PREVIEW: Thursday 9 February
Makoto Kagoshima, based in Kyushu, the southern island of Japan, illustrates whimsical and heart-warming motifs on clay, making each ceramic object a unique, one-of-a-kind piece of art. Kagoshima’s designs are all done freehand. Forms are drawn in pencil on the dried clay then blocks of colour are applied using a paintbrush. Fine lines are then scratched out to give detail, using the improvised tool of a dentist’s pick and the broken rib of an umbrella.
After graduating from the art college, Makoto worked in the Conran Shop in Fukuoka and didn’t become a full time potter until the age of 35.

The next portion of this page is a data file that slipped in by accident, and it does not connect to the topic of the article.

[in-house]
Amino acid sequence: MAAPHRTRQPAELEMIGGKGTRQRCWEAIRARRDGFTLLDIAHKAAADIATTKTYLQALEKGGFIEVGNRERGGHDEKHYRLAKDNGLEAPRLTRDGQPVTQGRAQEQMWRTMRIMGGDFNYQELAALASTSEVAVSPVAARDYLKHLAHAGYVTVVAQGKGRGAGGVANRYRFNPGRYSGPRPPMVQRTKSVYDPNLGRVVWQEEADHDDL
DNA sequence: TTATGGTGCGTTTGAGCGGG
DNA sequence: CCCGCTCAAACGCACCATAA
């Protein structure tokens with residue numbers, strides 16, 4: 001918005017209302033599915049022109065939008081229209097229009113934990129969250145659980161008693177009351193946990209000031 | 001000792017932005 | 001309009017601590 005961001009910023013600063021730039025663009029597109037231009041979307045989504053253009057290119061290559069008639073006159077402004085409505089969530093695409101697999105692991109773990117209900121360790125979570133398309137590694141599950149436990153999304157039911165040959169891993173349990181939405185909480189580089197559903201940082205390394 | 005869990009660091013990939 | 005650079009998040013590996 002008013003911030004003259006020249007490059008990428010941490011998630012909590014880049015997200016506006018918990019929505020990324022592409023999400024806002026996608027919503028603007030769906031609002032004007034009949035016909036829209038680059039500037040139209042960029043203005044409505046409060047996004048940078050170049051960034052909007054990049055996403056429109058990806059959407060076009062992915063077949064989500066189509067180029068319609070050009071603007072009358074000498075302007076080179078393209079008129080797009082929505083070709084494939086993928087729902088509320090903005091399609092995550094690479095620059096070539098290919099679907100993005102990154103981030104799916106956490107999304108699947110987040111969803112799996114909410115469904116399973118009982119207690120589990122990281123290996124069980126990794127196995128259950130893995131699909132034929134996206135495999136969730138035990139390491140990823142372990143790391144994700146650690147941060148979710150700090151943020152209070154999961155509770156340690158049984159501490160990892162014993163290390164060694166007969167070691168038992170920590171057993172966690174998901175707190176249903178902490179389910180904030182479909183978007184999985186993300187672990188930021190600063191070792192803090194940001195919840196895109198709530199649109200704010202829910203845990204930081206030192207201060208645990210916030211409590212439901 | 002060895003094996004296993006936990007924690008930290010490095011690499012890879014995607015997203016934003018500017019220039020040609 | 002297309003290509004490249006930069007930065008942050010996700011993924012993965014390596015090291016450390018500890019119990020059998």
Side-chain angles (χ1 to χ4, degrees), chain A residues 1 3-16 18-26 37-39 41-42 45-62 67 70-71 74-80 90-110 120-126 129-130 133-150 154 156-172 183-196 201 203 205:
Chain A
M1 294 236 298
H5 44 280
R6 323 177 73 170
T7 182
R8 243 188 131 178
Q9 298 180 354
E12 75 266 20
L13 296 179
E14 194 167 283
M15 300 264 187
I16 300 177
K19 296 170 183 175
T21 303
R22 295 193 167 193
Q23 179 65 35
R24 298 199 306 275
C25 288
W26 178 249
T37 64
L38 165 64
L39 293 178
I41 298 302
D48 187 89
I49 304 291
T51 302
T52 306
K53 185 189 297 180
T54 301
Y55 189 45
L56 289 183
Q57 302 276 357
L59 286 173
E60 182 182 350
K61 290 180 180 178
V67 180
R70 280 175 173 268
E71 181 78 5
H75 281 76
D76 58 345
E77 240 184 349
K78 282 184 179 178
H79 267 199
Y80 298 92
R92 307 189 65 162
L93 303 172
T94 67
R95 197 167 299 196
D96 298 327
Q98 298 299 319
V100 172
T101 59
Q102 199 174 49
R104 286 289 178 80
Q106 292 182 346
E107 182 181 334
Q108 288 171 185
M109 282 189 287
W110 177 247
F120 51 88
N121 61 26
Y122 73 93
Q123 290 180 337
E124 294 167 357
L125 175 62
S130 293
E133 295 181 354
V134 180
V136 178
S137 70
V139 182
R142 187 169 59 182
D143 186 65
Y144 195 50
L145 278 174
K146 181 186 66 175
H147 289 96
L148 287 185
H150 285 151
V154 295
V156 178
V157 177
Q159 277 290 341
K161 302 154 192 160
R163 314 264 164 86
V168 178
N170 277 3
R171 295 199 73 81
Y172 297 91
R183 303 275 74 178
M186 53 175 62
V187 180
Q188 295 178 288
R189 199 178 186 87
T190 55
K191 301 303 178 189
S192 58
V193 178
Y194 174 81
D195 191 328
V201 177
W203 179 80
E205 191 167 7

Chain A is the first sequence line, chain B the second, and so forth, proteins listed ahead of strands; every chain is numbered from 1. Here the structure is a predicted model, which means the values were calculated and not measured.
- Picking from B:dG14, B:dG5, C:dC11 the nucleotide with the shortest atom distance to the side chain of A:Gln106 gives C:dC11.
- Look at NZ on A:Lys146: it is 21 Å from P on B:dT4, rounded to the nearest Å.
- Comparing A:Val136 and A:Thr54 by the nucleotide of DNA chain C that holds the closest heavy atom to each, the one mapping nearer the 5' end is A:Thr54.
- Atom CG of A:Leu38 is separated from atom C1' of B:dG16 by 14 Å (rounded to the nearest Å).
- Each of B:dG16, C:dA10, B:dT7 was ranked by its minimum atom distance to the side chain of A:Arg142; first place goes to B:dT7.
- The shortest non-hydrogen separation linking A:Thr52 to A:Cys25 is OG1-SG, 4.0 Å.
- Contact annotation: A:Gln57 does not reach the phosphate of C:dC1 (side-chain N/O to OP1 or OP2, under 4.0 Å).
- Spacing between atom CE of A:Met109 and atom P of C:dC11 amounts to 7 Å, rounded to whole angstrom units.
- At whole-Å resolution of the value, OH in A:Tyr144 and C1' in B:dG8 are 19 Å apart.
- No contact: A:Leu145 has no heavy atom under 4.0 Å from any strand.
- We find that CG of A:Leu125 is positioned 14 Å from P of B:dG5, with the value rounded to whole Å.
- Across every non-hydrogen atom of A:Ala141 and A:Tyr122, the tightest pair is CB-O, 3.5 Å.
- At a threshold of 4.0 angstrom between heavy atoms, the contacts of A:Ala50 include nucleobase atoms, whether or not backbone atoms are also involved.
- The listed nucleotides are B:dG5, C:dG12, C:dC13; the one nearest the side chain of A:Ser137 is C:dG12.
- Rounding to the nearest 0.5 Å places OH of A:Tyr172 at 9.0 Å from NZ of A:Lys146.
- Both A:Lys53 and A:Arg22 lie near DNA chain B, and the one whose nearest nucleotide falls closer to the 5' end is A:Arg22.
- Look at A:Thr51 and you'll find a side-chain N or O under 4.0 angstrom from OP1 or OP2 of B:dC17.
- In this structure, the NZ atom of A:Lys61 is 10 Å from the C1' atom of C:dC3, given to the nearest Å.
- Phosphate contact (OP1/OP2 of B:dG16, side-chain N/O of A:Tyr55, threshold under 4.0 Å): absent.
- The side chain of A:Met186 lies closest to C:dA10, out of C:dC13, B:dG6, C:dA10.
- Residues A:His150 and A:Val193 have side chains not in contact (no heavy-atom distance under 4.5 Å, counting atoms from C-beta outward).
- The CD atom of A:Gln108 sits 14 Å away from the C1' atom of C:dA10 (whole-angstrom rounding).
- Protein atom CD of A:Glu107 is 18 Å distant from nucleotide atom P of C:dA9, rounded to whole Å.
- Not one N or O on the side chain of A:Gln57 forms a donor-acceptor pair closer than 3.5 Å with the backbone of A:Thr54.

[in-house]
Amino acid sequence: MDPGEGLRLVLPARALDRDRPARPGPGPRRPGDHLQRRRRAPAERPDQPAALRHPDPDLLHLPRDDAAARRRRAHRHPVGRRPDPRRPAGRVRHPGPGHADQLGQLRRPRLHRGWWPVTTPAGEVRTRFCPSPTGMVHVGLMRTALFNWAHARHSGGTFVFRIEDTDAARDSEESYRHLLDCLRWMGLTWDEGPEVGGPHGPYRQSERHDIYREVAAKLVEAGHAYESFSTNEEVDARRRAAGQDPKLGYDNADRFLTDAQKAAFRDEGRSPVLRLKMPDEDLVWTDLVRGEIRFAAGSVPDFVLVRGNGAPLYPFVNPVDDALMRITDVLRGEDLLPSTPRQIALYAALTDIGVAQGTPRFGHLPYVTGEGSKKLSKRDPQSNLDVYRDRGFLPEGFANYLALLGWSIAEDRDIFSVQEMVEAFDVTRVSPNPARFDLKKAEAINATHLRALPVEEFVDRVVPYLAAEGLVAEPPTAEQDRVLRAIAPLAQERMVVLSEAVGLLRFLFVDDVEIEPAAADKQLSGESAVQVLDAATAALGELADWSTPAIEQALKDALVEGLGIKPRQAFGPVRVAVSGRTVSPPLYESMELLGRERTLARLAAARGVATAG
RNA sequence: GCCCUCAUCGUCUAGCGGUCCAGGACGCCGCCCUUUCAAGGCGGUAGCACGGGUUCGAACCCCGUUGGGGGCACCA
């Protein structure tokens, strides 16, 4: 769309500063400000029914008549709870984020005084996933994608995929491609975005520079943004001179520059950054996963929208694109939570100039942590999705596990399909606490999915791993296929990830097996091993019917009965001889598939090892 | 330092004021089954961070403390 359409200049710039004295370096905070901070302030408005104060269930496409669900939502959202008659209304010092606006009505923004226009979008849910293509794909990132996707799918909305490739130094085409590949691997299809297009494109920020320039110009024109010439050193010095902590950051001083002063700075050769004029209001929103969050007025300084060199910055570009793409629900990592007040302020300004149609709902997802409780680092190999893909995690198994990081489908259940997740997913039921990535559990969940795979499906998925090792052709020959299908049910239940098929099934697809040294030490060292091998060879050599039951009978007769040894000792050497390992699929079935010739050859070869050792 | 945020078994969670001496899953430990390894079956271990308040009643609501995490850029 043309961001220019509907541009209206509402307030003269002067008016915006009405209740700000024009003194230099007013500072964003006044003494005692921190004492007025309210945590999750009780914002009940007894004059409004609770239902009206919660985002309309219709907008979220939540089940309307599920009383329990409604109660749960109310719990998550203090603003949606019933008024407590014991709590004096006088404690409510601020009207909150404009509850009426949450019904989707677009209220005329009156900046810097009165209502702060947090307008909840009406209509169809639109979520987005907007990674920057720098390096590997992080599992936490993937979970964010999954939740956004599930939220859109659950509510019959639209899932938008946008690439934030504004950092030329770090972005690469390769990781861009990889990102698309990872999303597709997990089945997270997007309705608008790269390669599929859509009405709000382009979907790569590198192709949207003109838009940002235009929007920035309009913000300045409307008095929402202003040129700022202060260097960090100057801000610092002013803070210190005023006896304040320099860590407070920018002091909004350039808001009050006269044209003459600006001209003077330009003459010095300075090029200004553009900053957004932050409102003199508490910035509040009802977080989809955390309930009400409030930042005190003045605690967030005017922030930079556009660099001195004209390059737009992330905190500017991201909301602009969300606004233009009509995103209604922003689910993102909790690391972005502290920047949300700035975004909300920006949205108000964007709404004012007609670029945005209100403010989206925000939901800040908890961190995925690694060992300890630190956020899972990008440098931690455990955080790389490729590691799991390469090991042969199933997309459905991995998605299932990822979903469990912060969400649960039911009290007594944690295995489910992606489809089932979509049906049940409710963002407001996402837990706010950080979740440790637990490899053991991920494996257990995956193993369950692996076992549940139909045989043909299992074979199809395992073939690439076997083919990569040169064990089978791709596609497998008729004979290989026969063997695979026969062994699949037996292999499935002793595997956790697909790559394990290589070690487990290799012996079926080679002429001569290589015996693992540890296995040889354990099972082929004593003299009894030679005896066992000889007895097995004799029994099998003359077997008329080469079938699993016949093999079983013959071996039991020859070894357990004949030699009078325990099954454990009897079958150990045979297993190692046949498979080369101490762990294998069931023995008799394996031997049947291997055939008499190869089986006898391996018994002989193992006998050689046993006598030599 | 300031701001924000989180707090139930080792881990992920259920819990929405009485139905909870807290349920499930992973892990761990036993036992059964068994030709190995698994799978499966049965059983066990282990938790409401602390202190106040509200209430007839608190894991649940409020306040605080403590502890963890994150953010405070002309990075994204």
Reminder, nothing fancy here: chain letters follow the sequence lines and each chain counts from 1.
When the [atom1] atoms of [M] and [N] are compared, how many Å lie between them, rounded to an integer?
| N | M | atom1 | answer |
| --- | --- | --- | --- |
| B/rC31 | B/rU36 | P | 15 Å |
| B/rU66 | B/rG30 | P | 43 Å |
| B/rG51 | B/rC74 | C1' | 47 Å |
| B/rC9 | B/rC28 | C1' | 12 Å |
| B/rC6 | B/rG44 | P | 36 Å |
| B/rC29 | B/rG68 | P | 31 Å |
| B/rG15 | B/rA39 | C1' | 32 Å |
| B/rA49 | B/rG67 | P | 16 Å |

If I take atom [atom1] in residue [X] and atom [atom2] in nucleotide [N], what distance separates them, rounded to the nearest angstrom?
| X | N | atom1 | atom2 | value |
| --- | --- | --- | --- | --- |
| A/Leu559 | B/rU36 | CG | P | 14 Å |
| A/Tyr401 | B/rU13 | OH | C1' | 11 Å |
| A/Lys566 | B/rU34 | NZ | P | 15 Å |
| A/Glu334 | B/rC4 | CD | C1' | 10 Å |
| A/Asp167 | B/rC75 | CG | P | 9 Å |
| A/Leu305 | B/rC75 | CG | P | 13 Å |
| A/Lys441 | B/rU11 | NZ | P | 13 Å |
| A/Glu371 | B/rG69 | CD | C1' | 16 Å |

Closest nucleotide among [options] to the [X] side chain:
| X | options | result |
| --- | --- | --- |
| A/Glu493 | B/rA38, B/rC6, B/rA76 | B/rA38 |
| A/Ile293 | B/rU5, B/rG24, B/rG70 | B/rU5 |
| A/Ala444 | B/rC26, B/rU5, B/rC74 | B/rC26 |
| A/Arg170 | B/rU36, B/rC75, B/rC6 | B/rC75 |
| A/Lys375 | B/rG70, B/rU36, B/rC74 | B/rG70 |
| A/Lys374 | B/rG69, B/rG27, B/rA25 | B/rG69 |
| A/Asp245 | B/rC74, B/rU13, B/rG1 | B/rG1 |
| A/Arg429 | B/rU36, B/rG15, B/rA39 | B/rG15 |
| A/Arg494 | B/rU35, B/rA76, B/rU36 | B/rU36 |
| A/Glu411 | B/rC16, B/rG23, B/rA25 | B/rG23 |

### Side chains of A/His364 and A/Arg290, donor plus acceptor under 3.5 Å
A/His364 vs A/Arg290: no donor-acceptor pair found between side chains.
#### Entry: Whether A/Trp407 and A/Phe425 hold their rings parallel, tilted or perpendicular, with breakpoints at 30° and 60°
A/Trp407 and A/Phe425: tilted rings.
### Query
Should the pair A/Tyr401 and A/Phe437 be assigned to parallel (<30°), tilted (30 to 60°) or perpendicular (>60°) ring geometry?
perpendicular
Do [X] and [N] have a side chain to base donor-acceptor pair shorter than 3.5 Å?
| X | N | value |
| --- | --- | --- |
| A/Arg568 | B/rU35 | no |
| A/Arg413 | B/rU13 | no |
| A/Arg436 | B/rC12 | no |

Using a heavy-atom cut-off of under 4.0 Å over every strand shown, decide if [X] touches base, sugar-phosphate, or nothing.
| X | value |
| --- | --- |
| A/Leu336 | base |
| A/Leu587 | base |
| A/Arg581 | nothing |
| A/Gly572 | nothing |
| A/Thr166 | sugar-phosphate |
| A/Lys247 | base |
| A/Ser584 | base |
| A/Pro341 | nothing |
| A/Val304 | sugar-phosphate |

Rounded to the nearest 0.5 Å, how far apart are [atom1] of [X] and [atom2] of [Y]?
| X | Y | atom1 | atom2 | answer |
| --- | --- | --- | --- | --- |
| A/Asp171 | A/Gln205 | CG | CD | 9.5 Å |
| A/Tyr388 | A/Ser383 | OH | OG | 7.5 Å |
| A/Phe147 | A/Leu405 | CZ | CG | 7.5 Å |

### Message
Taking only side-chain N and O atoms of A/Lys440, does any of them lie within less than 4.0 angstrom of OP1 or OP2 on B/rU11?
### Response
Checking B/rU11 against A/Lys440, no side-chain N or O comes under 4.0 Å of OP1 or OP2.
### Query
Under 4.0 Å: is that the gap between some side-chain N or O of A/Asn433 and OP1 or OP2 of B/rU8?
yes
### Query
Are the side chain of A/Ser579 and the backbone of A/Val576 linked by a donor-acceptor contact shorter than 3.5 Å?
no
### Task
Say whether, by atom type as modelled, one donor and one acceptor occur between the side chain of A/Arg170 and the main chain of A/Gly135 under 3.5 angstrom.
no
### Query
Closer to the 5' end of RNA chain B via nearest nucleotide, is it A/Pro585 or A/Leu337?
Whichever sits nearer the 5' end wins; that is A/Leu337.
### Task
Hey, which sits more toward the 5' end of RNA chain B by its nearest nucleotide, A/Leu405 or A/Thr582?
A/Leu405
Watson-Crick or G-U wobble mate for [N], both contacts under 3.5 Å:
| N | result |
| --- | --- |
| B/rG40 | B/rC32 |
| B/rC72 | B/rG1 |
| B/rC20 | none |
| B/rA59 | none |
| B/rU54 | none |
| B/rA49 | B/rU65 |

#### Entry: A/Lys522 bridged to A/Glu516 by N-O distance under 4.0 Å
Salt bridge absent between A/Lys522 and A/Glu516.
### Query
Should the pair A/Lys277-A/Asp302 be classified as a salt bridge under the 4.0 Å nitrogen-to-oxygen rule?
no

On carved and moulded terracotta bodies, whether plates, vases, tiles or simply designed, three dimensional animals, Kagoshima unfolds a joyful and dreamlike universe of curling tendrils, bursting blooms, charming animals, darting fish, soaring birds, strutting geese and alluring snakes. These highly stylised creatures and plants, some drawn from childhood memory, some swimming up from his dreams, may seem naive, but the designs are sophisticated, the colour sense refined and the craftsmanship accomplished. While each piece is unique, the design language is consistent, creating en masse a distinctive, exuberant imaginary world. Although he first began to work with clay as a child, in his grandfather’s workshop, it was not until he was thirty five that Kagoshima was able to devote himself full time to his ceramics. Since then, his bold, quirky designs have proven so appealing that they have been used also for textiles, prints and murals.